As the 1560s gave way to the 1570s, the queen remained unmarried – and, to many of her courtiers, it was becoming increasingly apparent that this would remain the case. She appeared to take the marriage offers of several of her European suitors seriously, before inevitably getting cold feet, and the prospect of her accepting Dudley’s overtures grew more remote with every passing year.
The realisation that the queen would not wed him came as a major blow to her old sweetheart. He had made enormous personal sacrifices to retain her favour, and later claimed that, since the death of his first wife, he “had for a good season forborne marriage in respect of her Majesty’s displeasure”. In the 1570s he had however become embroiled in an affair with Lady Douglas Sheffield – one of the queen’s ladies – resulting in the birth of a son, Robin Sheffield.
Lettice Knollys’s life had also reached a crossroads. For several years of the 1570s, her husband, Walter Devereux, now Earl of Essex, had been engaged in a protracted military campaign to colonise Ulster. The enterprise was a disaster, and had attracted a storm of condemnation back in England. One of Devereux’s fiercest critics was Robert Dudley – and so, when Devereux died of dysentery in Dublin in September 1576, whispers soon spread that he had been poisoned on Dudley’s orders. The rumours were baseless but, in light of consequent events, it is unsurprising that such gossip was circulating.
In the summer of 1577, the widowed Countess of Essex spent time hunting on Dudley’s Warwickshire estate, Kenilworth Castle. It may have been here that the seeds of a romance were sown, for that year the couple’s relationship became more than platonic. Whatever the circumstances, the love affair quickly became serious, and they resolved to marry. But there was one major obstacle: the queen.
Though Elizabeth would not marry Dudley, she was still fiercely jealous of the attention her favourite showed to other women, and was determined to keep him to herself. But Lettice and Dudley were in love, and he could sacrifice his personal happiness no longer. “For the better quieting of his own conscience” he was determined to “marry with the right honourable Countess of Essex.”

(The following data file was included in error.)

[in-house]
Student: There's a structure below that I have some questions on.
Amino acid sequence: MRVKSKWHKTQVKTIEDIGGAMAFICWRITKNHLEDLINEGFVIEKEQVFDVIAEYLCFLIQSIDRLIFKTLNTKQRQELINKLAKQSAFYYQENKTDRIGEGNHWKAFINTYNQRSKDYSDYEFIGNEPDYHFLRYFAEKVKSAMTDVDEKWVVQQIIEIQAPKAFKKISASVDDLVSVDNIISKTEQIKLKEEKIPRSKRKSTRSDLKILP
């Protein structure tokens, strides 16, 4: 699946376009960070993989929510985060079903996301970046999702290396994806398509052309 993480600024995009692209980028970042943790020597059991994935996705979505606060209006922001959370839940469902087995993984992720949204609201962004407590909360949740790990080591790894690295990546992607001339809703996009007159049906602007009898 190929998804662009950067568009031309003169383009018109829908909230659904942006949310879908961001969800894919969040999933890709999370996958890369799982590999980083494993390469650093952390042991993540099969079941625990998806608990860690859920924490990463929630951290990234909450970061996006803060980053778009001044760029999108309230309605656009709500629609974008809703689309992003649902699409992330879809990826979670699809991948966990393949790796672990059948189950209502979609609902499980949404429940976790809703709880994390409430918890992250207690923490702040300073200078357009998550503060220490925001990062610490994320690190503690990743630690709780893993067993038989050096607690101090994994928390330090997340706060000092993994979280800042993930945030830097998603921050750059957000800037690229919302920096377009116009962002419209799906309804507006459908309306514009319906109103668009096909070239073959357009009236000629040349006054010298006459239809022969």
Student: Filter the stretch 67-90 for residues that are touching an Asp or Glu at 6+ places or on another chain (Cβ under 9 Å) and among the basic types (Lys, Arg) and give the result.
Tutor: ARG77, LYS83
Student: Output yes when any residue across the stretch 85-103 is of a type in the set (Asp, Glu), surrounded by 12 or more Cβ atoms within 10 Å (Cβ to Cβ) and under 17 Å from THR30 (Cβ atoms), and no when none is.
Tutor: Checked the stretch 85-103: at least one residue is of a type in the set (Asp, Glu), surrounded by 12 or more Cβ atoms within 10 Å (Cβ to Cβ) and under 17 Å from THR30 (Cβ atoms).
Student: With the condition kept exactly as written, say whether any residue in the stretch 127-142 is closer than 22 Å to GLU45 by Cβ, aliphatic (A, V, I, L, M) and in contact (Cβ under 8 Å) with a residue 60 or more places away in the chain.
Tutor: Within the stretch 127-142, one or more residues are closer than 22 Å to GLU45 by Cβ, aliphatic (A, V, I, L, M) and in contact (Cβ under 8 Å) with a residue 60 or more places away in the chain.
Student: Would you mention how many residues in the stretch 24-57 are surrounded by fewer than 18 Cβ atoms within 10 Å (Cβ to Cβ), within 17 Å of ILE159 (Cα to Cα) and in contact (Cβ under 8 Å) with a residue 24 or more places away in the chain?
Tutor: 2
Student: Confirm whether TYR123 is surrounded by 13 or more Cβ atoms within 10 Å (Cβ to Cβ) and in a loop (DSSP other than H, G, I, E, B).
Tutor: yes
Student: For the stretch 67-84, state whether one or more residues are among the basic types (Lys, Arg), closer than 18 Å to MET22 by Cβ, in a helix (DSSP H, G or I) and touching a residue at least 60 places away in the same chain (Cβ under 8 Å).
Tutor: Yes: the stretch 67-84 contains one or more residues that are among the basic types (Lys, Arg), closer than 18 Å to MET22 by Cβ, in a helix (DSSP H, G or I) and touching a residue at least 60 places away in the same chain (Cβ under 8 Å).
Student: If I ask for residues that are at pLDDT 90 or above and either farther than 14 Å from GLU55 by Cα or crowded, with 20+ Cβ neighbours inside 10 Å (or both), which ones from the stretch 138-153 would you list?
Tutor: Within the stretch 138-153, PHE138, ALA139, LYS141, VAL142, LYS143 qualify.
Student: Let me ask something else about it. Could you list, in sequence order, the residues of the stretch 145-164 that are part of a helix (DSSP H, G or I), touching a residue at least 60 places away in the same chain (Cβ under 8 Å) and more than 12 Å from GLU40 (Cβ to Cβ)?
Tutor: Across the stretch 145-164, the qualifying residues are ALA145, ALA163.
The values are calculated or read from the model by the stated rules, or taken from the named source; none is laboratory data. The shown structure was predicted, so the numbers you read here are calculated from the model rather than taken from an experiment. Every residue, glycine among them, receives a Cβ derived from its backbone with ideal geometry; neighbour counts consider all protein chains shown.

Marrying into trouble
Lettice and Dudley were fully aware that by entering a marriage they risked losing the queen’s favour permanently. Yet, so strong were their feelings for one another, it was a risk they were both prepared to take. Early in the morning of 21 September 1578, they were secretly married in front of just a handful of witnesses at Wanstead, Dudley’s Essex home.
The couple’s nuptials did not remain secret for long. Within a matter of weeks, word had started to spread. Just one question remained: how would the queen react? It was the summer of 1579 when Elizabeth was dealt the crushing blow of Dudley’s betrayal. She herself was engaged in negotiations for a potential marriage with the Duc d’Anjou, but that did not make the news any easier to swallow. So incandescent with rage was she that her initial reaction was to send Dudley to the Tower – a punishment he was spared thanks to the intercession of the Earl of Sussex. Nevertheless, he retired from court in disgrace, leaving his new wife to bear the brunt of the queen’s fury.
Lettice was proud of her marriage – made for love – and even Elizabeth’s rage could not prevent her from pretending otherwise. She was a spirited woman and, according to one hostile source, rather than meekly regretting her conduct, she now “demeaned herself like a princess”. Even when the queen confronted her during the latter half of 1579 and banished her from court, Lettice showed no remorse, remaining, so we’re told, “as proud as ever”.
For all her anger, the queen could not bear to cut Robert Dudley out of her life altogether. He was soon back at court, where he resumed his former friendship with the monarch.
Lettice enjoyed no such forgiveness. After being confronted by Elizabeth, she had little choice but to retire to the country, and would remain estranged from both queen and court until Elizabeth’s death in 1603. Not even the loss of Lettice’s three-year-old son by Dudley, ‘the Noble Imp’, in 1584 could soften the queen’s heart.
Lovers to the end
On 4 September 1588, Lettice was by her husband’s side when he died at Cornbury Park in Oxfordshire. Elizabeth was devastated, fully believing that the loss was all her own. It wasn’t until Christmas Day 1634, aged 91, that Lettice followed her husband to the grave. She was laid to rest beside Dudley in St Mary’s Church, Warwick, where their double tomb still survives.
Even in death, Lettice’s tumultuous relationship with Elizabeth was not forgotten. An epitaph, thought to have been composed by her granddaughter’s husband, summarises the reason for her disgrace: “She [Lettice] was content to quit her [Elizabeth] favour for her favourite [Leicester].”
Love had won the day for Lettice Knollys, though not for Elizabeth.
Nicola Tallis is a historian and researcher, and the author of Elizabeth’s Rival: The Tumultuous Tale of Lettice Knollys, Countess of Leicester (Michael O’Mara Books, 2017)